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    Recent oral arguments in the federal election interference case against former President Donald Trump highlighted the age-old technique of extending an argument to its logical limit — a principle that is still important for attorneys to consider in preparing their cases, says Reuben Guttman at Guttman Buschner.

  • Reducing The Risk Of PFAS False Advertising Class Actions

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    A wave of class actions continues to pummel products that allegedly contain per- or polyfluoroalkyl substances, with plaintiffs challenging advertising that they say misleads consumers by implying an absence of PFAS — but there are steps companies can take to minimize risk, say attorneys at Keller and Heckman.

  • Planning For Stymied HSR Filings At FTC If Shutdown Occurs

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    If the government were to shut down in early March, the inability to submit Hart-Scott-Rodino filings with the Federal Trade Commission would grind transactions to a halt, and parties should consider numerous implications as they are negotiating or planning to close pending transactions, say attorneys at DLA Piper.

  • How High Court SEC Case Could Affect The ITC

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    While the U.S. Supreme Court’s upcoming ruling in U.S. Securities and Exchange Commission v. Jarkesy will likely spare the U.S. International Trade Commission from major operative changes, the ITC’s ability to issue penalties for violations of its orders may change, say Gwendolyn Tawresey and Ryan Deck at Troutman Pepper.

  • CFPB Overdraft Rule Could Mean Big Shift In Banking Biz

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    The Consumer Financial Protection Bureau has proposed "to close a longstanding loophole" in the Truth in Lending Act by changing how it regulates overdraft fees, but underneath the headline-grabbing proposal is a foundational shift in how the bureau views overdraft services, say attorneys at Katten.

  • Challenges Remain In Financing Energy Transition Minerals

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    COP28, the latest U.N. climate conference, reached a consensus on a just and equitable transition from fossil fuels to renewable energy, but more action and funding will be needed to ensure that developed countries responsibly source the minerals that will be critical for this process, say attorneys at Watson Farley.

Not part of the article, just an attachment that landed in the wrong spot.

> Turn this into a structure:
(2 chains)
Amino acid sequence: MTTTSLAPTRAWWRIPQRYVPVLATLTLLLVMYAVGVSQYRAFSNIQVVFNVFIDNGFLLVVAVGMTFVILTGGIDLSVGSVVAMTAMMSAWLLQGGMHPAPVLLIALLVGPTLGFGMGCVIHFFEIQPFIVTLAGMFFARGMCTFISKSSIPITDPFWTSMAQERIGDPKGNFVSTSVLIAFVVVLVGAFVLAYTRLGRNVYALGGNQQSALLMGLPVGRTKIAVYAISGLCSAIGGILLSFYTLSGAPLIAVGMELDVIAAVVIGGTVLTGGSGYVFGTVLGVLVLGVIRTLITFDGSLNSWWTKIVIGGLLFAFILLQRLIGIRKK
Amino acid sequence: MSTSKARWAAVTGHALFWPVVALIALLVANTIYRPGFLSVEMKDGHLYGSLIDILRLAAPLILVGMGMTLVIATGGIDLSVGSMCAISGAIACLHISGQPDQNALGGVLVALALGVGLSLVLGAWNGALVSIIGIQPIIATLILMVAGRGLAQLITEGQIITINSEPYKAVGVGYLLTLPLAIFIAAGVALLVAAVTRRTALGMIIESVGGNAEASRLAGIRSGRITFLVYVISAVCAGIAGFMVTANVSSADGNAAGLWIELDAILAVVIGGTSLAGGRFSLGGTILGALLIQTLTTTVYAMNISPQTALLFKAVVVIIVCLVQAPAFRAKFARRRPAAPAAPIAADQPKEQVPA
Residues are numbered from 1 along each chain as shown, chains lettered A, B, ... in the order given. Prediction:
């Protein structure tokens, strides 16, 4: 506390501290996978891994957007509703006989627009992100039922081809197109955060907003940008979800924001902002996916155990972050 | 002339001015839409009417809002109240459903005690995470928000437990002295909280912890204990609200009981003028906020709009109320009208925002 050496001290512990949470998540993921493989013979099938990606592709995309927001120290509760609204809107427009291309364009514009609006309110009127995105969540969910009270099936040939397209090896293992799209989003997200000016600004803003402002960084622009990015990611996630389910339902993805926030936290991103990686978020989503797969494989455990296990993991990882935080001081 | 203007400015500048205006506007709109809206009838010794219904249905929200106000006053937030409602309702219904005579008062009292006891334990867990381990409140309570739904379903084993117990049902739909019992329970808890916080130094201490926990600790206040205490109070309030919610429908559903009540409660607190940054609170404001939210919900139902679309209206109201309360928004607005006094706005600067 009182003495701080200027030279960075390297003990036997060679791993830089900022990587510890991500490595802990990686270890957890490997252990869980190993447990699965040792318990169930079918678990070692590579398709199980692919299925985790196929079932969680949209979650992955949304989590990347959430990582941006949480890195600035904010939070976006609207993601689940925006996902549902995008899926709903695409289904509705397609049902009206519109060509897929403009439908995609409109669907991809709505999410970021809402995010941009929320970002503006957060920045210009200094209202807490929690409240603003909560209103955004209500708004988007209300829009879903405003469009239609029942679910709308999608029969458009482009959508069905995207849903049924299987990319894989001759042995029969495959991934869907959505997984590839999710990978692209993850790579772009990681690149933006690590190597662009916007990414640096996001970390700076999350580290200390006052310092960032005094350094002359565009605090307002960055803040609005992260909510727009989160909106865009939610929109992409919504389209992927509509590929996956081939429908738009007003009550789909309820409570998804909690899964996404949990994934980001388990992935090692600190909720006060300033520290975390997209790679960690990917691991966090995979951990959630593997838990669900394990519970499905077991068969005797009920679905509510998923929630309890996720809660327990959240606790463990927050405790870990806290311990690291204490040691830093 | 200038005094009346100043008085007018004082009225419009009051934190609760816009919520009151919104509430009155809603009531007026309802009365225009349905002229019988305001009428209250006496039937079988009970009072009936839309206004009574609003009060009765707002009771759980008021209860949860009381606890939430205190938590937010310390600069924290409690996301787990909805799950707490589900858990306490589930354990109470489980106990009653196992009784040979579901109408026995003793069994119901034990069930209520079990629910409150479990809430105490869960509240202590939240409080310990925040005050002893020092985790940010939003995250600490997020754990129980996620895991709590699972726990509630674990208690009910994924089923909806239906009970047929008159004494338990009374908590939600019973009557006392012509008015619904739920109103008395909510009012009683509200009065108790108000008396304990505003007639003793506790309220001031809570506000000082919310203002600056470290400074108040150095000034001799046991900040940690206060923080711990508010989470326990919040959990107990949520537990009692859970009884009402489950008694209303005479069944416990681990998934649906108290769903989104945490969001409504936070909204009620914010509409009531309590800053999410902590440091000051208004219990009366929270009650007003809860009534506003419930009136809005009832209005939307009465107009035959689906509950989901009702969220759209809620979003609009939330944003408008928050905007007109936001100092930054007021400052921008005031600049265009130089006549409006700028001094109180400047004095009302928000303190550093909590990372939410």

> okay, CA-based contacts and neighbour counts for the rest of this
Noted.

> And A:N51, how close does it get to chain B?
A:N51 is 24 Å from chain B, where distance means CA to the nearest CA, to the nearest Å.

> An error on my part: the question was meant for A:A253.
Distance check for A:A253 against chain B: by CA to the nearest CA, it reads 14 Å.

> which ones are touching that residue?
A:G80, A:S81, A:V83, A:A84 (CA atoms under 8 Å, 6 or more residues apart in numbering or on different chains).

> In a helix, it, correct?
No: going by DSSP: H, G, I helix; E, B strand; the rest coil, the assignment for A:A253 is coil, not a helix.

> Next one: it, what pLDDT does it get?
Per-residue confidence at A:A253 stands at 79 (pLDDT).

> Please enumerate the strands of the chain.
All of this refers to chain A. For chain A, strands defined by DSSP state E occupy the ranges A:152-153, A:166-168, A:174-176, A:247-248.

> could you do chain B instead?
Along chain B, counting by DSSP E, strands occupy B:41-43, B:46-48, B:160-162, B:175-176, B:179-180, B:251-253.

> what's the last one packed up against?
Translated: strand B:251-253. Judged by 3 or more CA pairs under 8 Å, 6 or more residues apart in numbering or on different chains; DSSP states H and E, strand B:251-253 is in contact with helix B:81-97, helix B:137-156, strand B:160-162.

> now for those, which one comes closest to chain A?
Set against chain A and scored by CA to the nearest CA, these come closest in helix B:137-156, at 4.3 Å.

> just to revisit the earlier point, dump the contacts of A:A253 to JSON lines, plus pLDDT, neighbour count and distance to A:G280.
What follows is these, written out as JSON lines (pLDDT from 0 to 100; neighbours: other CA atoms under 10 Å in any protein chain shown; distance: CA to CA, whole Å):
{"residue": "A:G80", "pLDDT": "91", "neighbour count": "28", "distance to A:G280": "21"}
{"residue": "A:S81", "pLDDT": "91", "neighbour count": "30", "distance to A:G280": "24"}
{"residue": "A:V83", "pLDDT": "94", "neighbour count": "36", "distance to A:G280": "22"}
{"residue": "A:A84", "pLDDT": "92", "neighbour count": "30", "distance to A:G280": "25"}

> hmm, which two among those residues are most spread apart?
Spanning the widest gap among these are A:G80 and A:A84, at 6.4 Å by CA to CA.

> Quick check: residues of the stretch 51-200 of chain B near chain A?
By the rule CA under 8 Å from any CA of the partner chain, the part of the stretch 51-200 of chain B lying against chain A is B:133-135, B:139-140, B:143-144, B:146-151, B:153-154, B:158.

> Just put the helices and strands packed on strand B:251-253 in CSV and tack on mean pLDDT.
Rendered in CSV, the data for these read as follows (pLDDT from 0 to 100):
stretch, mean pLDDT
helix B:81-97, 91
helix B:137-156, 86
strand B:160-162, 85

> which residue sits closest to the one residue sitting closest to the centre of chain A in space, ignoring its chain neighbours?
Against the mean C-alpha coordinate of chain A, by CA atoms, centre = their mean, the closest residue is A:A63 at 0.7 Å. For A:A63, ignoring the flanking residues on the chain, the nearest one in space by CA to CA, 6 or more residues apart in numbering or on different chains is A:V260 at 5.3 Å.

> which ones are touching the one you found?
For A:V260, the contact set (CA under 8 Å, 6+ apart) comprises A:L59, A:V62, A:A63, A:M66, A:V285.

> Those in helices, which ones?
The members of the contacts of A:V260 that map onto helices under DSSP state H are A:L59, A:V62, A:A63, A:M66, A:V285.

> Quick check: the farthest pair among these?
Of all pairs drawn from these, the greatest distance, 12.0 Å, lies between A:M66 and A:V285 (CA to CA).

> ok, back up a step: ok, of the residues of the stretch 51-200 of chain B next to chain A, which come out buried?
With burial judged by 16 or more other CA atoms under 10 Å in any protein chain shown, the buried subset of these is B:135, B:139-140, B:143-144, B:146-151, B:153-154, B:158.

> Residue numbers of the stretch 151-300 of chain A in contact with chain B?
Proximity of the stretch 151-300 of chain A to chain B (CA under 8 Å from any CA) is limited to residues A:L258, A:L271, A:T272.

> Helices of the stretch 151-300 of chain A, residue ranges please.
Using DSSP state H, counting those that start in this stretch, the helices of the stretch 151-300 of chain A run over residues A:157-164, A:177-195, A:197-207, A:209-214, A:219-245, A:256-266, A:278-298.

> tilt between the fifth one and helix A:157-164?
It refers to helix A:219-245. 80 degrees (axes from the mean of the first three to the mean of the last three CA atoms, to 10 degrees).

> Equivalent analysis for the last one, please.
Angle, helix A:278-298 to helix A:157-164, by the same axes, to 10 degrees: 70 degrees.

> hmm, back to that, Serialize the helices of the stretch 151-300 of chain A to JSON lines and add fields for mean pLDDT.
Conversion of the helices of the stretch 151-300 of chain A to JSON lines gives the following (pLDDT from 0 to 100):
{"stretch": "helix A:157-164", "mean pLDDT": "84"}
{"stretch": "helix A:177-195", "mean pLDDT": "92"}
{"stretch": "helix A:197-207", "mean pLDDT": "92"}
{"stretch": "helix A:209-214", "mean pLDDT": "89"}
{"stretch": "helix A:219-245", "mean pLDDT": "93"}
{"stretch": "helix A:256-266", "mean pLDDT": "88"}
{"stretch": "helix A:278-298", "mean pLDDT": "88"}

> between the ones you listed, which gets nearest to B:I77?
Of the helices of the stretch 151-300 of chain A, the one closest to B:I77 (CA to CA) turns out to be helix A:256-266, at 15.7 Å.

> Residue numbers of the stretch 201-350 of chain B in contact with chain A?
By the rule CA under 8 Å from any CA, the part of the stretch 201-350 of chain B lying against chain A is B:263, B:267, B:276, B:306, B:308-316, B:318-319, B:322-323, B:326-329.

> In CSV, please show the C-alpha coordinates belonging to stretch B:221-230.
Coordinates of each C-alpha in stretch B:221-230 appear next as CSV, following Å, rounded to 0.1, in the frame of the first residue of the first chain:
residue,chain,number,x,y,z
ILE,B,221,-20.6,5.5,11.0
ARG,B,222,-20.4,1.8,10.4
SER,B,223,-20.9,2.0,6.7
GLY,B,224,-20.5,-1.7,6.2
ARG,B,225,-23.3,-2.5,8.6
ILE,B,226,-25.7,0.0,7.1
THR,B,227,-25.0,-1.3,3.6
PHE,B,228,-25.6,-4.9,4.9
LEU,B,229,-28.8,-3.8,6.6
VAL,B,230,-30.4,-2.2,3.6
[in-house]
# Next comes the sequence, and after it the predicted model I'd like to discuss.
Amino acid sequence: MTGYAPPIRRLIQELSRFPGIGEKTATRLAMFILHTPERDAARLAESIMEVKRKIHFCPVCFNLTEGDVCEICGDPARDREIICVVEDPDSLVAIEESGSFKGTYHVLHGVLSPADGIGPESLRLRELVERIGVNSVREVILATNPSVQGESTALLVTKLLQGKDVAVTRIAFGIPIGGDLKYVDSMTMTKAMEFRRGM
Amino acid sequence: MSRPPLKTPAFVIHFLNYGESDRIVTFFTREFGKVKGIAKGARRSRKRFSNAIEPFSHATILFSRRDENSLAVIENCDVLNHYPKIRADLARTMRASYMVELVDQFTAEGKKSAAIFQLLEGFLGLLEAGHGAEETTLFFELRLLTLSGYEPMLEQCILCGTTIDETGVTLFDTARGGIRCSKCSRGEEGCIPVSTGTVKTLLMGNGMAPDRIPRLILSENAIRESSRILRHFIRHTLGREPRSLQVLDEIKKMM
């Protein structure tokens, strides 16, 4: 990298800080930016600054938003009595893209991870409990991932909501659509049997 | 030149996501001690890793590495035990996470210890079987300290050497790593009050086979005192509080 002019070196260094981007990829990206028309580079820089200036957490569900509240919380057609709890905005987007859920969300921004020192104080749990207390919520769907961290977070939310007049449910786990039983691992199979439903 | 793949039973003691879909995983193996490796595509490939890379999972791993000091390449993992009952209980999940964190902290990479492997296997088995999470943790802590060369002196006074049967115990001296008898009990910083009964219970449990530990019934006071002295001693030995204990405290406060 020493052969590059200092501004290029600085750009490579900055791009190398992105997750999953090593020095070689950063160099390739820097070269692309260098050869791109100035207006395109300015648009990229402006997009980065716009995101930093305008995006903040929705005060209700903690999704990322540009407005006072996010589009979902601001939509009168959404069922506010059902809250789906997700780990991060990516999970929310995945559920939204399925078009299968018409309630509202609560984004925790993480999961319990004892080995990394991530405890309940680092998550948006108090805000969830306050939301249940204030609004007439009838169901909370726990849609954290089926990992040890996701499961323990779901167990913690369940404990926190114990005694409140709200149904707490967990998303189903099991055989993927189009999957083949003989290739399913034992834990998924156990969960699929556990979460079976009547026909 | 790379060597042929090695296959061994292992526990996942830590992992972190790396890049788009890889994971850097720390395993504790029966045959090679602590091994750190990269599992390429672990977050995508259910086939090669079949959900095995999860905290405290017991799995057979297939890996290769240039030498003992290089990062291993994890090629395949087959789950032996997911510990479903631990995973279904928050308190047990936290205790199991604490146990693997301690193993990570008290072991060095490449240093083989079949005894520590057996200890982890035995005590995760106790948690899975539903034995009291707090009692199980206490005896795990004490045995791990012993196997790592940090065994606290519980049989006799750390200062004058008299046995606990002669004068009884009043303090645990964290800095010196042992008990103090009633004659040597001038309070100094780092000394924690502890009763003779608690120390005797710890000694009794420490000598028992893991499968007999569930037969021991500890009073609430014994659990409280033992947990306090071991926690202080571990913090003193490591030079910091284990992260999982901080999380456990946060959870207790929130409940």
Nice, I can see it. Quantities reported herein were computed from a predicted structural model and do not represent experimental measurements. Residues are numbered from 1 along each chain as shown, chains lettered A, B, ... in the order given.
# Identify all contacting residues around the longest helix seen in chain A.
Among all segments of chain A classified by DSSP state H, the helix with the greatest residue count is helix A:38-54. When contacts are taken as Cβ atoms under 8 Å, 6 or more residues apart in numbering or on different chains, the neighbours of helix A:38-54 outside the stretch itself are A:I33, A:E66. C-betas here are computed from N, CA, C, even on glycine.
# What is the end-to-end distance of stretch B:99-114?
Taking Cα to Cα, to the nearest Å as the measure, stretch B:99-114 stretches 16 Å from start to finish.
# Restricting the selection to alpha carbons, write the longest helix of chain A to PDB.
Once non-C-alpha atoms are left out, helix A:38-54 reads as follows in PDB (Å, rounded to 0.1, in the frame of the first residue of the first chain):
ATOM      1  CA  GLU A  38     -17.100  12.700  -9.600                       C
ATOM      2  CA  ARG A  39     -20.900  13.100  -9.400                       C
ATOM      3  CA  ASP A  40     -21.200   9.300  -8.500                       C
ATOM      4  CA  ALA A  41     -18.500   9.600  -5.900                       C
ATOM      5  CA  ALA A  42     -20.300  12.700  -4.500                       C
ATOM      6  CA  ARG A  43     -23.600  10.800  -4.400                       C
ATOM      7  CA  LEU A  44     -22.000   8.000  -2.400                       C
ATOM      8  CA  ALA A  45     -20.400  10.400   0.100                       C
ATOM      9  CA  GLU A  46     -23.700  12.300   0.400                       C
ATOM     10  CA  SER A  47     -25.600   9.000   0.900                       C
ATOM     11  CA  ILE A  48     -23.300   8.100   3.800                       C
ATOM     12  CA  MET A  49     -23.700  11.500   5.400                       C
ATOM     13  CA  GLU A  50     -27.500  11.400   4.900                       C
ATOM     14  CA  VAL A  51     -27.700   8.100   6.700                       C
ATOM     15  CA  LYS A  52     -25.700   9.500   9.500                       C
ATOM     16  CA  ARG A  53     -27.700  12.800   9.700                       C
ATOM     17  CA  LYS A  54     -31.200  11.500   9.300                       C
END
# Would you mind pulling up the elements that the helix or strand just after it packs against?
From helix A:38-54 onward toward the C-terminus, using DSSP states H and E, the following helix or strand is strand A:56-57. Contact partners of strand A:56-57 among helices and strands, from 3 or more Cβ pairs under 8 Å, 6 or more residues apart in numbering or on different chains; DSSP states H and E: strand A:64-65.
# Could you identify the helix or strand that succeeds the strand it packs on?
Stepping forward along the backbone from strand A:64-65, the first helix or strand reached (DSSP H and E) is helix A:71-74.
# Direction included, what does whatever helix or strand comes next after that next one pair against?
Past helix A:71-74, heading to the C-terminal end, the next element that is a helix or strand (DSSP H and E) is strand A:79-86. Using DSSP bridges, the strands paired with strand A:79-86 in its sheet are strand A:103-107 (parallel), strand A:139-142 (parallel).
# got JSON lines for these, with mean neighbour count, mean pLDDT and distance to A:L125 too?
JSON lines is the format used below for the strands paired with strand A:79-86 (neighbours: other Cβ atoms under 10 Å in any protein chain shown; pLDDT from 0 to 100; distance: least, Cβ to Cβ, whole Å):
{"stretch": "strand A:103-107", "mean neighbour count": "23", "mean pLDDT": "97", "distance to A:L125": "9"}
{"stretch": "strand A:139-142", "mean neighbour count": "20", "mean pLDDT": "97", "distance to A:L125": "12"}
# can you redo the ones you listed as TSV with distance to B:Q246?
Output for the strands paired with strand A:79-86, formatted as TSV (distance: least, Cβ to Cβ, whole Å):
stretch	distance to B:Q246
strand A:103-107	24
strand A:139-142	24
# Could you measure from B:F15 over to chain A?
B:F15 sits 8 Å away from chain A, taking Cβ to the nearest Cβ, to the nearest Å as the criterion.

• USCIS Fee Increases May Have Unintended Consequences

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    U.S. Citizenship and Immigration Services’ new fee schedule, intended to provide the agency with needed funds while minimizing the impact of higher fees on individual immigrants and their families, shifts too much of the burden onto employers, say Juan Steevens and William Coffman at Mintz.

  • Navigating The FCC's Rules On AI-Generated Robocall Voices

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    The Federal Communications Commission's declaratory ruling issued last week extends the agency's regulatory reach under the Telephone Consumer Protection Act to calls that use artificial intelligence technology to generate voices, laying out a compliance roadmap, but not making AI-cloned voices in robocalls illegal per se, say attorneys at Wiley Rein.

  • Aviation Watch: 737 Max Blowout Raises Major Safety Issues

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    The sudden in-flight loss of a side panel on an Alaska Air 737-9 Max last month, leaving a gaping hole in the side of the plane's cabin, highlighted ongoing quality issues at Boeing, the jet's manufacturer — but the failure also arose from decisions made by the airline, says Alan Hoffman, a retired attorney and aviation expert.

  • Exporters Should Approach Self-Disclosure With Caution

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    A January Bureau of Industry and Security memorandum created an abbreviated process for disclosing export control violations that lack aggravating factors, but deciding which disclosure method to utilize remains a complex strategic undertaking to which companies must give careful consideration, say attorneys at Covington.

  • Is Compulsory Copyright Licensing Needed For AI Tech?

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    The U.S. Copyright Office's inquiry into whether Congress should establish a compulsory licensing regime for artificial intelligence technologies that are trained on copyrighted works has received relatively little attention — but commenters recently opposed the regime under three key themes, say Michael Kientzle and Ryan White at Arnold & Porter.

  • Exxon ESG Proxy Statement Suit May Chill Investor Proposals

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    Exxon Mobil’s recent use of a Texas federal lawsuit to intimidate shareholders into withdrawing a climate-friendly proxy proposal could inspire more public companies to sue to avoid adopting ESG resolutions — a power move that would chill activist investor participation and unbalance shareholder-corporate relations, say Domenico Minerva and James Fee at Labaton Keller.